Furthermore, at the time of data transfer, only the timing of bus arbitration and data transfer completion are considered. Therefore, the start and following timing of data transfer may differ between both buses of the dual bus system. A shift of data transfer start timing, caused by a frequency difference between clocks for a microprocessor and buses, is therefore permitted, as well as a difference of bus access response time between units connected to the dual bus system. For example, a refresh cycle or memory error correction cycle of a memory connected to a bus or buses can be determined independently from other units, resulting in a simple hardware configuration.
FIG. 1 shows the configuration of a computer system according to the present invention.
FIG. 2 is a block diagram showing the fundamentals of bus arbitration.
FIG. 3 is a block diagram showing synchronization for bus occupation control.
FIG. 4 is a timing chart showing an example of synchronization for bus occupation control.
FIG. 5 is a block diagram showing connections to and from BIUs.
FIG. 6 is a diagram showing state transitions of BIU.
FIG. 7 is a timing chart showing an example of abnormal operation of one bus.
FIG. 8 is a block diagram showing a fault level holding circuit.
Preferred embodiments of the present invention will be described with reference to the accompanying drawings.
FIG. 1 shows an example of the configuration of a computer system for controlling a dual bus system, according to the present invention. Reference numeral 2 represents a basic processing unit (BPU), and reference numeral 4 represents an input/output unit (IOU). Two pairs of BPU's 2-1 and 2-2 and IOU's 4-1 and 4-2 may operate in a master-slave relationship or may operate in a peer relationship. Reference numeral 3 represents a main storage unit (MSU) connected to one of buses A and B of a dual bus system. In this embodiment, each MSU 3 is connected to one of the buses A and B. However, each MSU 3 may be connected to both buses A and B. BPU 2, IOU 4 and MSU 3 transfer data amongst themselves. Data transfer is controlled by each bus interface unit (BIU) 20 to 29. BIUs connected to the buses A and B of the dual bus system 1 are interconnected by signal lines 60 to 63 for synchronization of the dual bus system. A bus controller (BC) 5 includes an arbitration controller (ARB) for occupation control of the dual bus system. The arbitration controllers 51 and 52 are interconnected by a signal line 71, and the arbitration controllers 53 and 54 are interconnected by a signal line 72. The signal lines 71 and 72 are used for synchronization of occupation control of the dual bus system. In the dual bus system 1, reference numerals 10 and 12 collectively represent signal lines for data transfer, and reference numerals 11 and 13 represent signal lines on which a signal representative of a fault state of each bus is transmitted. These signal lines are connected to each BIU 20 to 29.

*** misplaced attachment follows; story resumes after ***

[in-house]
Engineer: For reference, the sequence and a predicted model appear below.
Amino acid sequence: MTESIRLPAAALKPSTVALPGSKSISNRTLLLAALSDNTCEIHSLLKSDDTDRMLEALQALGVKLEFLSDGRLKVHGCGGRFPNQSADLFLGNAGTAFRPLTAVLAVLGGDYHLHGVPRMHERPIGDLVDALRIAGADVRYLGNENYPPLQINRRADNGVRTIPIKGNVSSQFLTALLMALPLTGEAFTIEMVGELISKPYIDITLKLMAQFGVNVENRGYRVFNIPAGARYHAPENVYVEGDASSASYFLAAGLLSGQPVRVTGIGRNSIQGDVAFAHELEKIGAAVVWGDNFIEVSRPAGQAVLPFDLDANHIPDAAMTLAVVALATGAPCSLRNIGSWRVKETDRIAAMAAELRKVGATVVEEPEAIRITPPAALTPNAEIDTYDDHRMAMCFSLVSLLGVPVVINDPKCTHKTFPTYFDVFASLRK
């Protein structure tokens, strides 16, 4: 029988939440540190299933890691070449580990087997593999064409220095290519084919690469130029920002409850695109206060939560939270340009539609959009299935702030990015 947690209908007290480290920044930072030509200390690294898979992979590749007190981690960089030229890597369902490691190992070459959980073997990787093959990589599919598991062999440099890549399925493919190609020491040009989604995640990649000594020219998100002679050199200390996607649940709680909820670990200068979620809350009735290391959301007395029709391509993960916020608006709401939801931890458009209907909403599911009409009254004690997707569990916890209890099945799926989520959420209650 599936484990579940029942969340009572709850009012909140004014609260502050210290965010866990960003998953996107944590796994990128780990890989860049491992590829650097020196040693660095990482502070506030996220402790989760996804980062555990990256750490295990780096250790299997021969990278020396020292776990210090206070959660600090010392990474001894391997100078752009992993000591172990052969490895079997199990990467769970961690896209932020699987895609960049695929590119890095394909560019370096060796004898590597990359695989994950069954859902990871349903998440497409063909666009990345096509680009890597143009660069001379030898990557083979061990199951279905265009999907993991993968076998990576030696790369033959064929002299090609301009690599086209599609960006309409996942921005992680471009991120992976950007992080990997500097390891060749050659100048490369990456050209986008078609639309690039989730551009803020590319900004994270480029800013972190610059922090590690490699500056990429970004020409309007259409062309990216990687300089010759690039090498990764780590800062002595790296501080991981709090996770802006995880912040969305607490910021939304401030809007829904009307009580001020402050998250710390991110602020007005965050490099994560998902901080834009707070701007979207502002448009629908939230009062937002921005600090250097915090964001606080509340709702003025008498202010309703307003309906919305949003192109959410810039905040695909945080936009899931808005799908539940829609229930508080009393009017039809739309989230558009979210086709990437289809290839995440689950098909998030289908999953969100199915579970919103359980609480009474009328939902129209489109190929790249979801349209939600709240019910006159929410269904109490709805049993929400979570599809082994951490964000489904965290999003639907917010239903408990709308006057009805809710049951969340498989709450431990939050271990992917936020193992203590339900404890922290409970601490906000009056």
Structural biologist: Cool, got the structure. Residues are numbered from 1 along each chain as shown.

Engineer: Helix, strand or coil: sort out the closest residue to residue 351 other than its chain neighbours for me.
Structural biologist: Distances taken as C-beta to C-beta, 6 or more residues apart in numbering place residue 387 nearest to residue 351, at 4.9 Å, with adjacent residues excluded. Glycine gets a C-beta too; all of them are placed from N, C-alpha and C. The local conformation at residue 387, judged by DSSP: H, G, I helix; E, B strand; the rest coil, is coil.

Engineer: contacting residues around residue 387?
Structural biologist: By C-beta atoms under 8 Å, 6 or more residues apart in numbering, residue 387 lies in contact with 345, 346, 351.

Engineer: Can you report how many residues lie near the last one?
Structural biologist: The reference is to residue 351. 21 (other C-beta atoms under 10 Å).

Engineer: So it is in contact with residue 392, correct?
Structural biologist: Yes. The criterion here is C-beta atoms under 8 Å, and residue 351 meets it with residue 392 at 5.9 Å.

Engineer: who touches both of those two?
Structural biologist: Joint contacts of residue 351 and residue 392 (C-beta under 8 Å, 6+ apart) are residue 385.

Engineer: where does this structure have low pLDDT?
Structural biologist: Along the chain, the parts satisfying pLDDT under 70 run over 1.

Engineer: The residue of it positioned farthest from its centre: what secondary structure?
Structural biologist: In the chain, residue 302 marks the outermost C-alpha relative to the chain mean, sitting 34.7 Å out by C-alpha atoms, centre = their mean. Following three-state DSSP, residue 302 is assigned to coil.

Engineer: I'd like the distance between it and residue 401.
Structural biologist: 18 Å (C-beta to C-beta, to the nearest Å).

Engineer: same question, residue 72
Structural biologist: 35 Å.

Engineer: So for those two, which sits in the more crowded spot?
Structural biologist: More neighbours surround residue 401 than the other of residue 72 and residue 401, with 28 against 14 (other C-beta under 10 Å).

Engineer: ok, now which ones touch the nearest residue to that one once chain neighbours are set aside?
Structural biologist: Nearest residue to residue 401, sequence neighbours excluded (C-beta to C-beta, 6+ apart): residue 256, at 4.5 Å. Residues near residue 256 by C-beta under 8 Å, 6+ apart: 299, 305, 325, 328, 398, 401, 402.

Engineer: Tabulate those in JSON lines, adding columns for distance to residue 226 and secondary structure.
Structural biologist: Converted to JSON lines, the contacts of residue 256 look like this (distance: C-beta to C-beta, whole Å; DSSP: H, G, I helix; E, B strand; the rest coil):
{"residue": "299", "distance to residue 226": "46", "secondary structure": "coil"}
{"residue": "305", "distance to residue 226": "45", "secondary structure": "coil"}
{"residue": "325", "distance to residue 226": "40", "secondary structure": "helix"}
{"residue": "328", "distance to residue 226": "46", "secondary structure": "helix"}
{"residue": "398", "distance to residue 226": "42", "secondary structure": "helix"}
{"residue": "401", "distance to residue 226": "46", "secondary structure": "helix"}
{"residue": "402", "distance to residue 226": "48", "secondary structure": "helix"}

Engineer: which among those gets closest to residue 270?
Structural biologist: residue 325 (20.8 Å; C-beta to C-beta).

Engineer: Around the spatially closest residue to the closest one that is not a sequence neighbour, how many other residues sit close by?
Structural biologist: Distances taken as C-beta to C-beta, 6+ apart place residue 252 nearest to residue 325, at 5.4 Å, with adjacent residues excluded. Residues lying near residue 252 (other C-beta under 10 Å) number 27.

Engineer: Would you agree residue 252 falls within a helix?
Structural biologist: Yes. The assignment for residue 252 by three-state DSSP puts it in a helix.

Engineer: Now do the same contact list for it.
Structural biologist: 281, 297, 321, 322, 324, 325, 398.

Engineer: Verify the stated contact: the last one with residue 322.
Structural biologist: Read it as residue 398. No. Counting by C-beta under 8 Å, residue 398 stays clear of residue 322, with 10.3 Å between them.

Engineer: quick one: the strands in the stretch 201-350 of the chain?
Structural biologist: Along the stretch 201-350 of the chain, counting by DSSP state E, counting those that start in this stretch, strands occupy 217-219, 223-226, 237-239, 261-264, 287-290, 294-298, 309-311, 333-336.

FIG. 2 is a block diagram showing the fundamentals of bus occupation control. Consider the case where BPU 2-1 and IOUs 4-1 and 4-2 request a bus occupation. These units request BC 5-1 to occupy the buses, using individual bus request lines 250, 450 and 451, respectively. The arbitration controller 51 of BC selects a unit having the highest priority, outputs an ID number of the selected unit to a select bus 110, and outputs a signal indicating that the contents on the select bus are valid, to a valid flag signal line 120. The arbitration controller 51 can generate an ID number by discriminating between the individual bus request lines.